5th Annual State of Global Health Symposium

“Global Health and Aging”

Thursday, March 29, 2018
Joseph B. Martin Center
77 Louis Pasteur, Boston, MA
2:00 PM

Welcome, Opening Remarks, and Introductions

Michelle Williams, Dean of the Faculty, Harvard T.H. Chan School of Public Health

Wafaie Fawzi, Richard Saltonstall Professor of Population Sciences, and Professor of Nutrition, Epidemiology, and Global Health
Chair, Department of Global Health and Population

Keynote Address: Global Action to Foster Healthy Aging

John Beard, Director of Aging and Life Course, World Health Organization

Panel Discussion: The Physical and Cognitive Effects of Aging

Moderator: Goodarz Danaei, Associate Professor of Global Health

Lindsay Jaacks, Assistant Professor of Global Health

Arthur Kleinman, Professor of Medical Anthropology, Department of Social Medicine, HMS

Walter Willett, Professor of Epidemiology and Nutrition

Panel Discussion: Impact of Aging on Health Systems

Moderator: David Canning, Richard Saltonstall Professor of Population Sciences, and Professor of Economics and International Health

Rifat Atun, Professor of Global Health Systems

Uwe Sunde, Professor of Economics, University of Munich

Winnie Yip, Professor of the Practice of international Health Policy and Economics

Reception and Poster Session, Awards Presentation

Background: Population aging around the world presents an unprecedented set of challenges. One key issue is if we are seeing, along with longer life spans, a compression of morbidity and a delay in the onset of chronic disease, frailty, and disability.  The implications of population aging for human welfare, economic progress, and health care, all turn on this central question: is the aging we are seeing healthy aging?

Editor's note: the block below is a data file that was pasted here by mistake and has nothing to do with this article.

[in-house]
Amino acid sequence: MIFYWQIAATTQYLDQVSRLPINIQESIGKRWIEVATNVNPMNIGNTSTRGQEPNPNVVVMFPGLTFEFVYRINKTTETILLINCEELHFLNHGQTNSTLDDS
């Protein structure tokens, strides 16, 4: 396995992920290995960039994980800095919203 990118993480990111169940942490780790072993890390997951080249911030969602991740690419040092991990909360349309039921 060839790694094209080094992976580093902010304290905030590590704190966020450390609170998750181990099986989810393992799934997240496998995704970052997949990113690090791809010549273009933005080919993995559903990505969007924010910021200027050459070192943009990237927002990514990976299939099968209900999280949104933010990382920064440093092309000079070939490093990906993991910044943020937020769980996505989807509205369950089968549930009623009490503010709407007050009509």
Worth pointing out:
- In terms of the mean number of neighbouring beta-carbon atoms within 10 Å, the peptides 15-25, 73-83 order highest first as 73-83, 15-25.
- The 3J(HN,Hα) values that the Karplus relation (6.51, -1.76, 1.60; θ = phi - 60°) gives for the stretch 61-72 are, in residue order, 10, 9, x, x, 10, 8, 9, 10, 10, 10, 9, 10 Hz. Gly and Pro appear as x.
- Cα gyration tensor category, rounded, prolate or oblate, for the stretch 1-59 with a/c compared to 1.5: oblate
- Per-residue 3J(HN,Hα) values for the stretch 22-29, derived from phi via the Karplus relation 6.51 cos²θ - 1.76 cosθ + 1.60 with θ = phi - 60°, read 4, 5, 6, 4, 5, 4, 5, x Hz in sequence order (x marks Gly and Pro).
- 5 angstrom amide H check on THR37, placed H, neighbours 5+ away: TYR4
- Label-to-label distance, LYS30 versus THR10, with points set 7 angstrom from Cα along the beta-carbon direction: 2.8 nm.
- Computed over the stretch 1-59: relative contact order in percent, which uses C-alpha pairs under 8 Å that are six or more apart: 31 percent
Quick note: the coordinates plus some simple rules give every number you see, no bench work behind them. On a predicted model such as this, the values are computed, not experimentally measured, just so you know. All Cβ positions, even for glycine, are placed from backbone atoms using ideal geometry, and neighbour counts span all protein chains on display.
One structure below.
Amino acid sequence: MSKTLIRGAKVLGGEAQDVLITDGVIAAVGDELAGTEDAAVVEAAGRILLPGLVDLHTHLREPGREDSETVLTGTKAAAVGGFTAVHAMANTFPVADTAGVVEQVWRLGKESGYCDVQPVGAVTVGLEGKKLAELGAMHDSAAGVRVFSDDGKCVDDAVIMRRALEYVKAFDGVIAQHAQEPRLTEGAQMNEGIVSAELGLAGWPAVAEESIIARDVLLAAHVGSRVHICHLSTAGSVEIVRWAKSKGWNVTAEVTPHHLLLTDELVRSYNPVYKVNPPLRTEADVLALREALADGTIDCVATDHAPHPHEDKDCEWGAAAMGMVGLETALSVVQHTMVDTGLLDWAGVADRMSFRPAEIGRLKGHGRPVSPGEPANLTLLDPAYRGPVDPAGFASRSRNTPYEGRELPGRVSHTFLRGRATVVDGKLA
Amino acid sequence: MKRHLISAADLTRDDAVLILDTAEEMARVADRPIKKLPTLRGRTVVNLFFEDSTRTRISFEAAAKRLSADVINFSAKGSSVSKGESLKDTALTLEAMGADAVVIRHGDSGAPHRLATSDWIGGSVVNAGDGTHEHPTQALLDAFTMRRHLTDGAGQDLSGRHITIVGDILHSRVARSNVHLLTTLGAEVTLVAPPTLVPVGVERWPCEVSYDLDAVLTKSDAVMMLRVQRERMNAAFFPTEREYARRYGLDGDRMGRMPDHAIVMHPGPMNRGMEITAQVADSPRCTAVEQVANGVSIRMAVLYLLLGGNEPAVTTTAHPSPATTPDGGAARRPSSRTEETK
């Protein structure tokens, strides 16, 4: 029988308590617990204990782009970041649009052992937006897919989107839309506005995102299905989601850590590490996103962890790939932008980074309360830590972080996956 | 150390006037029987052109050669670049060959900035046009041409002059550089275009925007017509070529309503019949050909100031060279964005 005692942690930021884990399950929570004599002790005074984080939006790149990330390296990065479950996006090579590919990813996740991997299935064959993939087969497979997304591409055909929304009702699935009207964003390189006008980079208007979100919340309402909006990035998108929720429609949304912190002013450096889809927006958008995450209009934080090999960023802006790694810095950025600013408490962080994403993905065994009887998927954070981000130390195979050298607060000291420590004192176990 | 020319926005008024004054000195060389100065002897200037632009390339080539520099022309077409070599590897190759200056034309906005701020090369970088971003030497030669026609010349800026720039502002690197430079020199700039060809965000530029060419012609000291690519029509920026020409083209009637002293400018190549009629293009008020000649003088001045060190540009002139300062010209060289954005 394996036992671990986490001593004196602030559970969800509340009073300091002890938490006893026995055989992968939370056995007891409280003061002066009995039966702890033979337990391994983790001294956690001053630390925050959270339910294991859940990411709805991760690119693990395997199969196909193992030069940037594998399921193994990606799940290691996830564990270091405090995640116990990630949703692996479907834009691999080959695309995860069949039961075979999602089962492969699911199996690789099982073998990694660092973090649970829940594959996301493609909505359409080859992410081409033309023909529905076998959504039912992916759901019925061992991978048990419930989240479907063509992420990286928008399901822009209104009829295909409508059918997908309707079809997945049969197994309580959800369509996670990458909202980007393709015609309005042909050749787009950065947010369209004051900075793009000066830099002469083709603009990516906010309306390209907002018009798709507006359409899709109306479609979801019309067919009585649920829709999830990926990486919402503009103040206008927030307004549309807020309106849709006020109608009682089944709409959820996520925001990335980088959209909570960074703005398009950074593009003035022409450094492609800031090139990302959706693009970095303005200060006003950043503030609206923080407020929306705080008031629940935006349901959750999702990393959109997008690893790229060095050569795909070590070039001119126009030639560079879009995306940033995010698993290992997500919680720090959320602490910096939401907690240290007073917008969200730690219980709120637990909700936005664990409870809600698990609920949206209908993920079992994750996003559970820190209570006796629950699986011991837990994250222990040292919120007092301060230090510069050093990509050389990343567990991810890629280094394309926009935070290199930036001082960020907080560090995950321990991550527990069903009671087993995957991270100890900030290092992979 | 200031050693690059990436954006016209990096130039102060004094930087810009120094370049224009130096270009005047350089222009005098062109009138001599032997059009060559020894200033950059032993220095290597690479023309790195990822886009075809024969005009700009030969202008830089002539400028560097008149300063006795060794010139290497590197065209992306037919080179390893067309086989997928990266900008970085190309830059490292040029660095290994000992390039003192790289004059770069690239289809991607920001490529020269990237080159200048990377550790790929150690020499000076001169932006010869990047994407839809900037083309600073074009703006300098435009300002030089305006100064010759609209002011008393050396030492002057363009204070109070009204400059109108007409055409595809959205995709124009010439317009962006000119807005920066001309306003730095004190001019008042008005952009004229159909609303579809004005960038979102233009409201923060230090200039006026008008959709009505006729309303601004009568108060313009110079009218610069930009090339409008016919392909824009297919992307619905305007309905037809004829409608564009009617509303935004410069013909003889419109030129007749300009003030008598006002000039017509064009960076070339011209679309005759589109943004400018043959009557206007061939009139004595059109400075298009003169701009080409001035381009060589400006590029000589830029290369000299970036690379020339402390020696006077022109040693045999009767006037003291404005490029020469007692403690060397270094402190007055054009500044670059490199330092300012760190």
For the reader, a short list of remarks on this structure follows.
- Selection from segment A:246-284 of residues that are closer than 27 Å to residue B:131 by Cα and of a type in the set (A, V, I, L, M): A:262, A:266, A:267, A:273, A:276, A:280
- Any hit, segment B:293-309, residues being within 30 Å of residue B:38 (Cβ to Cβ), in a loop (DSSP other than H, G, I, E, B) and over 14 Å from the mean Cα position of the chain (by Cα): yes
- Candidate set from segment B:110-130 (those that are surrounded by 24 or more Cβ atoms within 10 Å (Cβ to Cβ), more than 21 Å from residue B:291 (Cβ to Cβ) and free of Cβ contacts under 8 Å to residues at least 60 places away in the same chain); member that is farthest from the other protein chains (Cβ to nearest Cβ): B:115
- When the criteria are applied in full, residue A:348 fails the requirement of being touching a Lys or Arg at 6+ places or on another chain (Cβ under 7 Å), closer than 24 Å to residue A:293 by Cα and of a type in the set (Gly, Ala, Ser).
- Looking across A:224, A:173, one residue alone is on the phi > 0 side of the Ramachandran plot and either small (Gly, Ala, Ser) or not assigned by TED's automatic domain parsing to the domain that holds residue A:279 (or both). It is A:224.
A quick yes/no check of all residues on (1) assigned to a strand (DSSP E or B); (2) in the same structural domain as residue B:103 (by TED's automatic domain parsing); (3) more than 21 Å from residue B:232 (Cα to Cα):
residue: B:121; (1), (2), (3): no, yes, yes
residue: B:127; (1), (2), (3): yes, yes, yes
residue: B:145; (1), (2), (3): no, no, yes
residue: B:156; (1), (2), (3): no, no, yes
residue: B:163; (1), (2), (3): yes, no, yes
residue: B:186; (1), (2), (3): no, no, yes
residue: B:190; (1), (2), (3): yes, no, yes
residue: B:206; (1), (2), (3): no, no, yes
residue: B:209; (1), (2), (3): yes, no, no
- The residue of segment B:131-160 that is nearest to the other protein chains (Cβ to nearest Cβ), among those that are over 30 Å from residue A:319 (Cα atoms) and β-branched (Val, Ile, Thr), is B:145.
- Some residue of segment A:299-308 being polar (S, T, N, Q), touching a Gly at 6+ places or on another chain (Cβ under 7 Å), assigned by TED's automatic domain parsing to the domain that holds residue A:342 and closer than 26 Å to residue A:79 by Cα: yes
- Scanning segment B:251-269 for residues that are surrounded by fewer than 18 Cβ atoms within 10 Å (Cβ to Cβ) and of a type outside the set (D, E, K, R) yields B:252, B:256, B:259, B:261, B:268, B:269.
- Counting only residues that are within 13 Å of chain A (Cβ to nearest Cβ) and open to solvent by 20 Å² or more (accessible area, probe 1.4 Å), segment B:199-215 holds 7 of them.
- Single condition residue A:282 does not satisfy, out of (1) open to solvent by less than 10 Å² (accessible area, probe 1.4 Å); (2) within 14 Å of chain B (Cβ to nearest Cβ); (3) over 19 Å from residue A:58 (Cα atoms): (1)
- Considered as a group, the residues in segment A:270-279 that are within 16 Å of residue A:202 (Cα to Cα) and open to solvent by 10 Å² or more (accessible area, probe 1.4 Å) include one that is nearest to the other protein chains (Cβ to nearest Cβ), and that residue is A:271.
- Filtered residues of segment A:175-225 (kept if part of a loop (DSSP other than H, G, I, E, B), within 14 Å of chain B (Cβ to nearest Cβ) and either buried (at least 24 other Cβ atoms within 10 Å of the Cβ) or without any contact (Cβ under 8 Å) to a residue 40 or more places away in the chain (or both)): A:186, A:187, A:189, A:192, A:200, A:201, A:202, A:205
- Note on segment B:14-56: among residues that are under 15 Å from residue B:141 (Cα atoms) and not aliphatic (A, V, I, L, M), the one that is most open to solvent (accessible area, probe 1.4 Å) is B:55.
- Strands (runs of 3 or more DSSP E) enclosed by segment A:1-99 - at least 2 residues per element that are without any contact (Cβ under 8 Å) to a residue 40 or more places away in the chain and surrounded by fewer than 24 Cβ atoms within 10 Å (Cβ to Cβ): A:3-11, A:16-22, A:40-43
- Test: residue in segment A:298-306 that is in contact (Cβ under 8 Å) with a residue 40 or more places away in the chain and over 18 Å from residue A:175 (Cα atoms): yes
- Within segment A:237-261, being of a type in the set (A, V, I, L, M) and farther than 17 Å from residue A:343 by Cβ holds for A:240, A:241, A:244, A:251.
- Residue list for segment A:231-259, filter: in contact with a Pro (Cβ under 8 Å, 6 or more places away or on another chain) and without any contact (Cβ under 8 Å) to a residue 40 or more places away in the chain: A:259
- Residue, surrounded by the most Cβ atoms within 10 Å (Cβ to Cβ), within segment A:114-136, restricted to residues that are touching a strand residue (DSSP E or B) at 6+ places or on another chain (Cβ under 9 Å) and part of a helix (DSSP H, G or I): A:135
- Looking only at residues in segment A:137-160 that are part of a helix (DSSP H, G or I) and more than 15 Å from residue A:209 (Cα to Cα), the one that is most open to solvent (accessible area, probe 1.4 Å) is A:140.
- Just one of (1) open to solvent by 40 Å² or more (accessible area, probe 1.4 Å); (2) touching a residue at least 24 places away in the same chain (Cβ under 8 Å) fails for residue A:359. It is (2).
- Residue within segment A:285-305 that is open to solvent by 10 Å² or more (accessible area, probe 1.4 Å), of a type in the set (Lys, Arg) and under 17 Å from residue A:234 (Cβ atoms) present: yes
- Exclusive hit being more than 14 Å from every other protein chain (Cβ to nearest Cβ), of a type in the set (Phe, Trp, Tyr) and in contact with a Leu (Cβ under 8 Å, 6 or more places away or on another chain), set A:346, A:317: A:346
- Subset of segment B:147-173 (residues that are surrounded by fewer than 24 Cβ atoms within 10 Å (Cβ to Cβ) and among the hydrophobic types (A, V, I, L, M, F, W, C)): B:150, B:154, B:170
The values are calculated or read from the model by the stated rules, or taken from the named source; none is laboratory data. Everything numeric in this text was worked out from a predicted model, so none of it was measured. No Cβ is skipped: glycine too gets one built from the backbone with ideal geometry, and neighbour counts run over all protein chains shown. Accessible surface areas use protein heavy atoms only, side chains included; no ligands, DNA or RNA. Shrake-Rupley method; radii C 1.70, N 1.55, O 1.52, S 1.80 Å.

Healthy aging involves the prevention and treatment of chronic disease and the maintenance of high levels of physical functioning but also the maintenance of cognitive functioning and emotional well being. The pattern of aging may differ around the world, with particular issues of aging in low-income settings, where there remains a high burden of infectious disease.  Understanding how, and why, these patterns are evolving is an important first step in understanding how to address the issue of population aging.

Population aging has large implications for health care. The diagnosis and treatment of chronic diseases and provision of long-term care for the elderly are increasing the resource burdens on health care systems, particularly when long run low fertility means a declining working age population.  In many countries, people are growing old before either they or their countries have had an opportunity to save for their old age. This raises important questions of setting priorities between the unfinished agenda of combating infections disease, the prevention and treatment of illness in mothers and children, and the new demands on the system from population aging. Even within the area of non-infectious disease, prevention may be a more important factor than treatment in promoting health aging, with a need for public health measures outside the traditional health care system.

The symposium will aim to address both these sets of issues, addressing what we need to know about the patterns of population aging and health in different regions of the world and the health system responses that are required to address the emerging question of population aging and population health.

Faculty Steering Committee:

David Canning, Richard Saltonstall Professor of Population Sciences, and Professor of Economics and International Health

 

 

Lisa Berkman, Director of the Harvard Center for Population and Development Studies, Thomas D. Cabot Professor of Public Policy, Epidemiology, and Global Health and Population

 

 

David Bloom, Clarence James Gamble of Economics and Demography

Barry Bloom, Joan L. and Julius H. Jacobson Research Professor of Public Health

Goodarz Danaei, Associate Professor of Global Health and Population

 

 

 

Wafaie Fawzi, Richard Saltonstall Professor of Population Sciences, Professor of Nutrition, Epidemiology, and Global Health; Chair, Department of Global Health and Population

 

 

Lindsay Jaacks, Assistant Professor of Global Health

 

 

Arthur Kleinman, Esther and Sidney Rabb Professor of Anthropology; Professor of Medical Anthropology in Social Medicine, Professor of Psychiatry, Harvard Medical School